Three steps, flanked by wrought railings detailing pointed arches, lead to the glazed entrance door. The latter opens into a vast area laid out with tall wooden shelf units, enhanced with neo-Gothic decor reminiscent of that on the facade. The shop windows flood the room with light, whilst the woodwork and the exposed beam system create a warm atmosphere. A toilet is concealed behind a door featuring the same pointed arch decor. A few granite steps, also with wrought iron railings, lead to a second space of similar size. The floors in both areas are unfinished, with checkerboard tiles here and there. The original pitch pine exposed beam ceiling is remarkable. It is several metres high and decorated with two hanging chandeliers. This species of wood, massively imported from America in the 19th century, was renowned for its solidity and its resistance to rot. Large shelves lining the walls are interupted by large openings, letting through light into the shop. The ground floor continues, on one side, with a summer kitchen, leading to a private courtyard. At the back of the shop, a double flight staircase in pitch pine with a candelabra baluster is lit by the main window of the former chapel. Under the staircase, a large storeroom is accessible through the panelled doors with glazing bead and small frames. The entrance to the staircase is guarded by a wrought iron gate protecting the access to the upstairs accommodation.

The living quarters

The living quarters, laid out upstairs, include a living room filled with light. The kitchenette and shower room are topped by a mezzanine bedroom. The kitchen earthenware wall tiles from Mexico, the sink and the copper taps blend in with the Italian Bisazza mosaic of the shower and the double washbasin in the bathroom. The second bedroom, on the mezzanine, is opposite the first. The eaves, which support the two mezzanines, are built with two angle braces forming a pointed arch. The regular panelling under the fully exposed roof structure echoes the dwelling's herringbone parquet flooring.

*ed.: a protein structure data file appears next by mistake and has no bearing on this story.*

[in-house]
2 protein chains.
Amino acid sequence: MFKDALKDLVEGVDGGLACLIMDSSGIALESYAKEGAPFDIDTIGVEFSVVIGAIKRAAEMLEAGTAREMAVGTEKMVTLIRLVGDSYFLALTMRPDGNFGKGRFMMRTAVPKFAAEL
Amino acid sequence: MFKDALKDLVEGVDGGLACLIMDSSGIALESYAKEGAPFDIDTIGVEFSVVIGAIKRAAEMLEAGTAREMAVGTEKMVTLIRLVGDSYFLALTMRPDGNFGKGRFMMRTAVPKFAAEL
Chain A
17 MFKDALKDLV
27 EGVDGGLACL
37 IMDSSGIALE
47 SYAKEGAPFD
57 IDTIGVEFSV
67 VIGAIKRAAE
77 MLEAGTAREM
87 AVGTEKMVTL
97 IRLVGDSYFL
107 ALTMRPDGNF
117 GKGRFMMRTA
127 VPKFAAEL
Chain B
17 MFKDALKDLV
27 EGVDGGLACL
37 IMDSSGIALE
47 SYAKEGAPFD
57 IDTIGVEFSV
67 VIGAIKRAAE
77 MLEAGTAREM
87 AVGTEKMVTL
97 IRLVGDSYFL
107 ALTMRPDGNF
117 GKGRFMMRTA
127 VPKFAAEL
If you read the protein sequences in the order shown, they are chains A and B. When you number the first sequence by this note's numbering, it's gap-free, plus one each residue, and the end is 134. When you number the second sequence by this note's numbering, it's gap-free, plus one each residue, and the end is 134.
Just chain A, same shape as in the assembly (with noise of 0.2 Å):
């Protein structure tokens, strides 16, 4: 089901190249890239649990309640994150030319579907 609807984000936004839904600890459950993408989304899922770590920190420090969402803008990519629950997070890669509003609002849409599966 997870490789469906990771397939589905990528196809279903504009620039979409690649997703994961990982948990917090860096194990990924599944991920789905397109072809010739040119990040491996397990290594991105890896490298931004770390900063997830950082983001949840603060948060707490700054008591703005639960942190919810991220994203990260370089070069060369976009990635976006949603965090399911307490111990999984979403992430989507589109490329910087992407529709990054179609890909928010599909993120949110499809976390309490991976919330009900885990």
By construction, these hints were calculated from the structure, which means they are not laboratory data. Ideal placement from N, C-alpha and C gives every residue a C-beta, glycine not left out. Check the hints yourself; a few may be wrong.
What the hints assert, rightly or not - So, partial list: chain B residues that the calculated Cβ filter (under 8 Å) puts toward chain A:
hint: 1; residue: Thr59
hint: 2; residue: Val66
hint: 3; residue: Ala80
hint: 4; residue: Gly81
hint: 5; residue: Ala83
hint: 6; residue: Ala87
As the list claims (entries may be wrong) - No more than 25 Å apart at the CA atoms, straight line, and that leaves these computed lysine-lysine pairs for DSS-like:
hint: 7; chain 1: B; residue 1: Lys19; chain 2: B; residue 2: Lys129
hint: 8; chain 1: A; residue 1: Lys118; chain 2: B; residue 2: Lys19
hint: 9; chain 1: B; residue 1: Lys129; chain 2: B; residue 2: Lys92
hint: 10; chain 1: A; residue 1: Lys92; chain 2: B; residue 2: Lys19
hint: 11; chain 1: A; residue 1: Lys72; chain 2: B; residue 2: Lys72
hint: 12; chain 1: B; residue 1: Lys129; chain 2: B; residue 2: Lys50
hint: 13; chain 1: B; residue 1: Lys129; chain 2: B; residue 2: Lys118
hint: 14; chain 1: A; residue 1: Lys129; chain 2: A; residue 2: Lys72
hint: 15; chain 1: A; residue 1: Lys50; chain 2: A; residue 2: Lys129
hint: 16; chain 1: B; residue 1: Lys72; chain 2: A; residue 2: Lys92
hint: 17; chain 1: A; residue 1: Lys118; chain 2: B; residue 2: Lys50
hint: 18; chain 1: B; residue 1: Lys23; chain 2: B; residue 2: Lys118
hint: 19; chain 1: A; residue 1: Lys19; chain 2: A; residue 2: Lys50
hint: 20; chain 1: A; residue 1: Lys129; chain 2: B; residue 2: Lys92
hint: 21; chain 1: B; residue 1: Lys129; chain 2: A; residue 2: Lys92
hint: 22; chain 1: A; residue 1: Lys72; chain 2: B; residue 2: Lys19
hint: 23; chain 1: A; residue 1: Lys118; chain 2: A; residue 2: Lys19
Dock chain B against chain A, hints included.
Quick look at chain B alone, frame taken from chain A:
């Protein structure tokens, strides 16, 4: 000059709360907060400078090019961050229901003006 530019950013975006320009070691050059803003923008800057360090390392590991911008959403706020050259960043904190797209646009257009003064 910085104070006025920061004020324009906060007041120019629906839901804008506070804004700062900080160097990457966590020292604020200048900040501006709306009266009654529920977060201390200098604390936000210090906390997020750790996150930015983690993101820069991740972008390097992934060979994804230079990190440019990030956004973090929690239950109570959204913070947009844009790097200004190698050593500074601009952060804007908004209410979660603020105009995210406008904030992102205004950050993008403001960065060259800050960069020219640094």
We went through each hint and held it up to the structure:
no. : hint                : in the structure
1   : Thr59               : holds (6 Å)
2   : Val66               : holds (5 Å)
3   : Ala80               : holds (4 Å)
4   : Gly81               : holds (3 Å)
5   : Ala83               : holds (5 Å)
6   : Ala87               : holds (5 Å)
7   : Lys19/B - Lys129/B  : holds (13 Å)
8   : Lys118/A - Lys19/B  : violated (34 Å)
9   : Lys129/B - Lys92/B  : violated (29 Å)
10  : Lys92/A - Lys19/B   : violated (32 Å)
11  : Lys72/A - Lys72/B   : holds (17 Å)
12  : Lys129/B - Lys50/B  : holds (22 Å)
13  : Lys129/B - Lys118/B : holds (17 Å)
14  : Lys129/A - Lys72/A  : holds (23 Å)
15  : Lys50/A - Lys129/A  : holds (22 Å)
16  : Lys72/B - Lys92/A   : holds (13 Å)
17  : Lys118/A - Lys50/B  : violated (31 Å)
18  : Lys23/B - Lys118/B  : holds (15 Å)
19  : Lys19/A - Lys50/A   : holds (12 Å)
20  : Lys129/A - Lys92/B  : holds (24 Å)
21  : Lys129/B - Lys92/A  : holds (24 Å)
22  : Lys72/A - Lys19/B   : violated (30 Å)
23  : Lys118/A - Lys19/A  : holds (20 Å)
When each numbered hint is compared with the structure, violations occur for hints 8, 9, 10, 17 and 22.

The outbuildings

The courtyard and garden area face the midday sun. They are surrounded by high stone walls overlooked by the trees of neighbouring properties. Two low brick annexes with slate roofs are the remnants of the past. One is used as a garden shed, the other is probably the former sacristy.

Our opinion

The deconsecration of the place does not seem to have affected the peaceful and welcoming atmosphere of the premises. Nonetheless, the old church has been used as a residential and retail space for over a century. It could also be remodelled just as living space. Its ideal location in Dinard, in the peace and quiet and yet near to everything, is very appealing. An atypical address in a renowned seaside town in search of a new lease of life, its new owners will be responsible for investing in the property to continue the history of the site, respecting its past memories.

950 000 € Negotiation fees included
904 762 € Fees excluded
5% TTC at the expense of the purchaser

See the fee rates

Reference 338248

Land registry surface area 289 m2
Main building surface area 196.95 m2
Number of bedrooms 2
Outbuilding surface area 15 m2

French Energy Performance Diagnosis


Béatrice Viel +33 1 42 84 80 85



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NB: The above information is not only the result of our visit to the property; it is also based on information provided by the current owner. It is by no means comprehensive or strictly accurate especially where surface areas and construction dates are concerned. We cannot, therefore, be held liable for any misrepresentation.